[documentos] def compose(self, other: FermionicOp, qargs=None, front: bool = False) -> FermionicOp: if not isinstance(other, FermionicOp): raise TypeError( f"Unsupported operand type(s) for *: 'FermionicOp' and '{type(other).__name__}'" ) if front: return self._tensor(self, other, offset=False) else: return self._tensor(other, self, offset=False)
[documentos] def tensor(self, other: FermionicOp) -> FermionicOp: return self._tensor(self, other)
[documentos] def expand(self, other: FermionicOp) -> FermionicOp: return self._tensor(other, self)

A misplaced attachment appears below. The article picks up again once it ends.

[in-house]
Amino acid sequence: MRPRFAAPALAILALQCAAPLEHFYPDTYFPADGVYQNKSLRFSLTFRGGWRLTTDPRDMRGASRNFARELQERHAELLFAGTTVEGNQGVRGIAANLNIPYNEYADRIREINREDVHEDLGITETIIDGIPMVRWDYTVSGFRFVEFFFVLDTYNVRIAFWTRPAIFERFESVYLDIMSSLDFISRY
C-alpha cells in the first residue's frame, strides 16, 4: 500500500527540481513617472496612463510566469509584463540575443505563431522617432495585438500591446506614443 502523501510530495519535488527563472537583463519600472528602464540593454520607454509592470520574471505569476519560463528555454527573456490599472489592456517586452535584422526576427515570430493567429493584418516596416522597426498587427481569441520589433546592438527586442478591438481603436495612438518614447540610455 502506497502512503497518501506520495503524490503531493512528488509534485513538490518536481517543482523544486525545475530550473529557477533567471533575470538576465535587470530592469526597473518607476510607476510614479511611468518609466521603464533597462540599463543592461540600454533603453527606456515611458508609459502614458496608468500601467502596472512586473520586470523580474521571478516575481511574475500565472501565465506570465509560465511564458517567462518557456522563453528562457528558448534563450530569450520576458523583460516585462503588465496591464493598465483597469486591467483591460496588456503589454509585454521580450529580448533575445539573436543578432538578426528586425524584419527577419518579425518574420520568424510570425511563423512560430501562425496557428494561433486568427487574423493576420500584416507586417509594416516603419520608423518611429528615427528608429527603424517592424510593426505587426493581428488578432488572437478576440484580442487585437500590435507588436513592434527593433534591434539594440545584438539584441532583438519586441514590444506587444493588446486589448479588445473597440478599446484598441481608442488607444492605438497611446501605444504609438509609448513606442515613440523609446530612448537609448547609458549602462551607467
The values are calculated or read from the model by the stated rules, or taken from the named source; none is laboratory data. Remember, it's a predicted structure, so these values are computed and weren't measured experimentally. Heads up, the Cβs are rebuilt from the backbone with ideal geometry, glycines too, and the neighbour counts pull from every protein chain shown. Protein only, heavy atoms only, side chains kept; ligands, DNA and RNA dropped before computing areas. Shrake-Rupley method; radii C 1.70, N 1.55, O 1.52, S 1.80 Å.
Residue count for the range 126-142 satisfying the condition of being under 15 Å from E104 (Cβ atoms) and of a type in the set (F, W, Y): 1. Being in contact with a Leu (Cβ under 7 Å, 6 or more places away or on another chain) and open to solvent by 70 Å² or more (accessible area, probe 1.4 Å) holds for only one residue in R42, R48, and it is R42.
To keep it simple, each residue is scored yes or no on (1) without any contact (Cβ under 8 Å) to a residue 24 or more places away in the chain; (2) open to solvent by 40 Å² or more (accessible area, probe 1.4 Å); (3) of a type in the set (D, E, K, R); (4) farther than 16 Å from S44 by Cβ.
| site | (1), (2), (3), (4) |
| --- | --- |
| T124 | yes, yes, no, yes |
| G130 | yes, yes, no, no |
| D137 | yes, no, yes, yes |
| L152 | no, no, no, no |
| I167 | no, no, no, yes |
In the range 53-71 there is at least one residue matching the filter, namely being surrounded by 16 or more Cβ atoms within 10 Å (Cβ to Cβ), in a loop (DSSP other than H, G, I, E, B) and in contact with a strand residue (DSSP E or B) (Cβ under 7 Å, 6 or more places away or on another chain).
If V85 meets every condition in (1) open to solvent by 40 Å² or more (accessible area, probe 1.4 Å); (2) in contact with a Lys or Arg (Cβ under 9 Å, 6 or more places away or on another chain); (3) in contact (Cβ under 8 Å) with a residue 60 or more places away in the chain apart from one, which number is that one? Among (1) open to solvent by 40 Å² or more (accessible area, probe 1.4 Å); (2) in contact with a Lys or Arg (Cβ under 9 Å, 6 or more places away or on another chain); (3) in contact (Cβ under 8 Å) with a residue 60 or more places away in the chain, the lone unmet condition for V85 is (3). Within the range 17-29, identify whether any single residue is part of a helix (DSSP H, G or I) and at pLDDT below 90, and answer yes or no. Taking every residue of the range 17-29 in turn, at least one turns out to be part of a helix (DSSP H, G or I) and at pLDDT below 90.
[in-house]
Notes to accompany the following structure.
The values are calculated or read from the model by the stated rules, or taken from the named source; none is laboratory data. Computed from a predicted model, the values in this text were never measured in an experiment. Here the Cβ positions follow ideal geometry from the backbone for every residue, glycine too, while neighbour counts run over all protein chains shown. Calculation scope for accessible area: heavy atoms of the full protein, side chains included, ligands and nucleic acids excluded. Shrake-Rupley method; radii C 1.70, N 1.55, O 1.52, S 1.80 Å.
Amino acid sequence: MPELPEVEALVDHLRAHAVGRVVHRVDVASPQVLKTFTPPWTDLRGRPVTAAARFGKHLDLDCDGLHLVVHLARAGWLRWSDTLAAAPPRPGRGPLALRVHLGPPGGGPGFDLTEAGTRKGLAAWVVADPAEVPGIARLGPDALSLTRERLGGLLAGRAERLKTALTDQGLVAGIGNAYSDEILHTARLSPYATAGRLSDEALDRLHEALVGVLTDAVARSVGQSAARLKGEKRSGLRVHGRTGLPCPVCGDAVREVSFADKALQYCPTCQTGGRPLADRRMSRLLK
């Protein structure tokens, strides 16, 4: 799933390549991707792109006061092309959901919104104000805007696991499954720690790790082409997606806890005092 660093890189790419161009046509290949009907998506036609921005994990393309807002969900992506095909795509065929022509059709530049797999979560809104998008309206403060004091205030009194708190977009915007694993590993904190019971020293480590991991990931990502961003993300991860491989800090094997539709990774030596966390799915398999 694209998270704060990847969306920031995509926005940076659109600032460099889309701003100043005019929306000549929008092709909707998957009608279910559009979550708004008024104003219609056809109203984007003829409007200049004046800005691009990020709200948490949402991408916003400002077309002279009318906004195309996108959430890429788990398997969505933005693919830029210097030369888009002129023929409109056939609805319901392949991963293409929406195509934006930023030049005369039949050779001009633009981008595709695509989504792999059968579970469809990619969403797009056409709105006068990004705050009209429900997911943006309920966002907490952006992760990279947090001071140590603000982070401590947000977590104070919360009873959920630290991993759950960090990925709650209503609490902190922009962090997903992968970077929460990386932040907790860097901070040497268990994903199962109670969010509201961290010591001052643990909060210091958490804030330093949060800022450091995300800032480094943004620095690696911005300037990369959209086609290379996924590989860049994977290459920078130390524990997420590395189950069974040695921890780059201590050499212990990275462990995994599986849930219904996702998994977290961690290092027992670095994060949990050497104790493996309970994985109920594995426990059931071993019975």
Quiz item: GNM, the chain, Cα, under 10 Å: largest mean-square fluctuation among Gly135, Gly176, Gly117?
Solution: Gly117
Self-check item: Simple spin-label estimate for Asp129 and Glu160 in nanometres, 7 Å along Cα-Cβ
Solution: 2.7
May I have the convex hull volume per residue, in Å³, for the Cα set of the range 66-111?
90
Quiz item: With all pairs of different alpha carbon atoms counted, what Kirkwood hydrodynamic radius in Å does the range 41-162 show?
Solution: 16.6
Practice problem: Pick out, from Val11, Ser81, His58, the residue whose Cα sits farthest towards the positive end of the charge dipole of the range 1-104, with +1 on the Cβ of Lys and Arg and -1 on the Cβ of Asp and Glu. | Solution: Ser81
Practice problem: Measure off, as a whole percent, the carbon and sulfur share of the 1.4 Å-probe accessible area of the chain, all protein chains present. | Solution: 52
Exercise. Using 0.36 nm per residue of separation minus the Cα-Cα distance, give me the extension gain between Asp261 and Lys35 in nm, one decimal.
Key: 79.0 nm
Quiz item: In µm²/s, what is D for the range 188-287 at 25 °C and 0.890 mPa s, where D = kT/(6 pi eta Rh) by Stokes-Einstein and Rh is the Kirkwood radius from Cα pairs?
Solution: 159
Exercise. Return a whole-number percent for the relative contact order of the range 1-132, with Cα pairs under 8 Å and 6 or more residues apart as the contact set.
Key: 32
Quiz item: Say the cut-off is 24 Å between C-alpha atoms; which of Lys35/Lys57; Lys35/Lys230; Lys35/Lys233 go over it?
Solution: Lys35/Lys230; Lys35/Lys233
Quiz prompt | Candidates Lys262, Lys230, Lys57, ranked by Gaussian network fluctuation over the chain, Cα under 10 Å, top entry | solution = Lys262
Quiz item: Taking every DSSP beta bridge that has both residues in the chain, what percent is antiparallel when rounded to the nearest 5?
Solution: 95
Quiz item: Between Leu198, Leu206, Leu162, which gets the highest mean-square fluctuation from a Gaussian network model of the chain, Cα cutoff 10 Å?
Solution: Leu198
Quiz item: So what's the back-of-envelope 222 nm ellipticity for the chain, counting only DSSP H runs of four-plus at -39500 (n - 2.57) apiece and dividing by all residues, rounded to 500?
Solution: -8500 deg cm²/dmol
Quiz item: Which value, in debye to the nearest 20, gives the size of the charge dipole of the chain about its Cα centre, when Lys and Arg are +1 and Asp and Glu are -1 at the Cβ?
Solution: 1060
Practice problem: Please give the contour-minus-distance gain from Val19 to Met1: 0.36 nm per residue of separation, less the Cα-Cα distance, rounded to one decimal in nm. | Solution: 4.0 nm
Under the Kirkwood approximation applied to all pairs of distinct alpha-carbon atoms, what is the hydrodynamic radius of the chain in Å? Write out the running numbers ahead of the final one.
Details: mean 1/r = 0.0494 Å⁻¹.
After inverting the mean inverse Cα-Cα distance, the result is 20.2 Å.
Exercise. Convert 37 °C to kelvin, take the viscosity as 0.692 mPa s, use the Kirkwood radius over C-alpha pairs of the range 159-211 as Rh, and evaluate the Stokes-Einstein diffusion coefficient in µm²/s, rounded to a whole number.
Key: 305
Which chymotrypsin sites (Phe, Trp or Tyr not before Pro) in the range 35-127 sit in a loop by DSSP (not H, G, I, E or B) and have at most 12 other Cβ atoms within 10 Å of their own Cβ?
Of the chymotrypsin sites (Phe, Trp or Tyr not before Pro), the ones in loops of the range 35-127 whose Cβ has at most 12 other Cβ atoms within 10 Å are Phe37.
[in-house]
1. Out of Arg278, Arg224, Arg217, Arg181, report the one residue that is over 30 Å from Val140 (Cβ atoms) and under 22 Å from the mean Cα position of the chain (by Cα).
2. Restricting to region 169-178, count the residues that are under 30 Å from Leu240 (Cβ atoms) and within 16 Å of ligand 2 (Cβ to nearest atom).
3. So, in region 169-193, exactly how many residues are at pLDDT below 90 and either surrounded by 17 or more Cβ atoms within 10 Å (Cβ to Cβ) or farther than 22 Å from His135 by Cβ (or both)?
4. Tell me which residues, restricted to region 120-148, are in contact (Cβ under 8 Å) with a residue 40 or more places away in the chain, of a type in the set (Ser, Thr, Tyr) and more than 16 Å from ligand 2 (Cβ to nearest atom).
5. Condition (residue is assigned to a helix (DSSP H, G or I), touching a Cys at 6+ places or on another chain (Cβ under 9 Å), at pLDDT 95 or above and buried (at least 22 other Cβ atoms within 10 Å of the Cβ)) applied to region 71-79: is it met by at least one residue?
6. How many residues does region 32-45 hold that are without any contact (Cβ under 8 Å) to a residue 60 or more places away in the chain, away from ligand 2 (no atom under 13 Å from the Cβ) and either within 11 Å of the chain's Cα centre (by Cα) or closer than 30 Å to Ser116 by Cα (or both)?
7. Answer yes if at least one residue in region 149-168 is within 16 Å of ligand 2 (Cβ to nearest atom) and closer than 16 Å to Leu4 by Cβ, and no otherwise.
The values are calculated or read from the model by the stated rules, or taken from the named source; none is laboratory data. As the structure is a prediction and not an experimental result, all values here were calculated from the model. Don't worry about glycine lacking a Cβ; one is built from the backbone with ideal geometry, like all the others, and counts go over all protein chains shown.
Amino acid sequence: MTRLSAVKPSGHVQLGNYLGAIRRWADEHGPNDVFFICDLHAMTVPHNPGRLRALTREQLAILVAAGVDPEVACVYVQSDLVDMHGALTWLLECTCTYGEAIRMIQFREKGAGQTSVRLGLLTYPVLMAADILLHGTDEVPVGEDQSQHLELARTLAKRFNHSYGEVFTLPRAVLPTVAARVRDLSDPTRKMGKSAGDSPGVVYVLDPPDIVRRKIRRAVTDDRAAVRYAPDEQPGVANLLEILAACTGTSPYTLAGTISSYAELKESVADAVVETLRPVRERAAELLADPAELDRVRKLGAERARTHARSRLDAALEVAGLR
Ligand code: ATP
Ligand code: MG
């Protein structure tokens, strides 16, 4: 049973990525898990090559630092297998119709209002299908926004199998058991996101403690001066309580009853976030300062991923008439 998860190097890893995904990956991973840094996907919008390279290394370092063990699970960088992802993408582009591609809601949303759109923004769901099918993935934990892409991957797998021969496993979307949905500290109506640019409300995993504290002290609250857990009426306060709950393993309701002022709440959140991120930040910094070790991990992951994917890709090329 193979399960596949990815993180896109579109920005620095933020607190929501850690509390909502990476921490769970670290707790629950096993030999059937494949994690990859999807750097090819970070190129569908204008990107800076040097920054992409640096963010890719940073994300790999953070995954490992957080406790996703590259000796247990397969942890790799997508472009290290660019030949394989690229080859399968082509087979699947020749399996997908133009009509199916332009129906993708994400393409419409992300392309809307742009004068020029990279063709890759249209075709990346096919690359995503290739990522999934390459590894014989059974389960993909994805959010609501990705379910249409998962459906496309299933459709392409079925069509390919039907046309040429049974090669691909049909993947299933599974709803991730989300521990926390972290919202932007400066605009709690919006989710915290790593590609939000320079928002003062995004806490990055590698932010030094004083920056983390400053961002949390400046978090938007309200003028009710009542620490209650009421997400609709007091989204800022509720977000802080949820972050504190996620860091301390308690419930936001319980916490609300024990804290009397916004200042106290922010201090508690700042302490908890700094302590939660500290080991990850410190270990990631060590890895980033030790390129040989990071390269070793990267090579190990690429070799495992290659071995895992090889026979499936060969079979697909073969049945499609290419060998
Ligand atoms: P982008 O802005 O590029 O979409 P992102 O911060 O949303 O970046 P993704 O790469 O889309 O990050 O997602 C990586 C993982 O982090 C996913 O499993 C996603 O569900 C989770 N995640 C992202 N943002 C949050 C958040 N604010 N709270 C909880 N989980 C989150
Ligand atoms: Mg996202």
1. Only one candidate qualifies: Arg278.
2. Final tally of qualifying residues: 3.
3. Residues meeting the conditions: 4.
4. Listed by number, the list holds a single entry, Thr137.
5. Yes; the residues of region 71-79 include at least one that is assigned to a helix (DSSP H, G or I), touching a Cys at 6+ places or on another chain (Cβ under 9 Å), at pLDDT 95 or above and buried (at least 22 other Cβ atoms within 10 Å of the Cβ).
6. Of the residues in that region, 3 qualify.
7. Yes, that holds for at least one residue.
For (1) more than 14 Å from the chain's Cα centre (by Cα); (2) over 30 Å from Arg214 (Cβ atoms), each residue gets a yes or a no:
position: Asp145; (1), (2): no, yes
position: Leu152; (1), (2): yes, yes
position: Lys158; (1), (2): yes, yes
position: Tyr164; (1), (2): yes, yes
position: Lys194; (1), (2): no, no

@classmethod def _tensor(cls, a: FermionicOp, b: FermionicOp, *, offset: bool = True) -> FermionicOp: shift = a.num_spin_orbitals if offset else 0 new_data: dict[str, _TCoeff] = {} for label1, cf1 in a.items(): for terms2, cf2 in b.terms(): new_label = f"{label1} {' '.join(f'{c}_{i+shift}' for c, i in terms2)}".strip() if new_label in new_data: new_data[new_label] += cf1 * cf2 else: new_data[new_label] = cf1 * cf2 new_op = a._new_instance(new_data, other=b) if offset: new_op.num_spin_orbitals = a.num_spin_orbitals + b.num_spin_orbitals return new_op
[documentos] def transpose(self) -> FermionicOp: data = {} trans = "".maketrans("+-", "-+") for label, coeff in self.items(): data[" ".join(lbl.translate(trans) for lbl in reversed(label.split()))] = coeff return self._new_instance(data)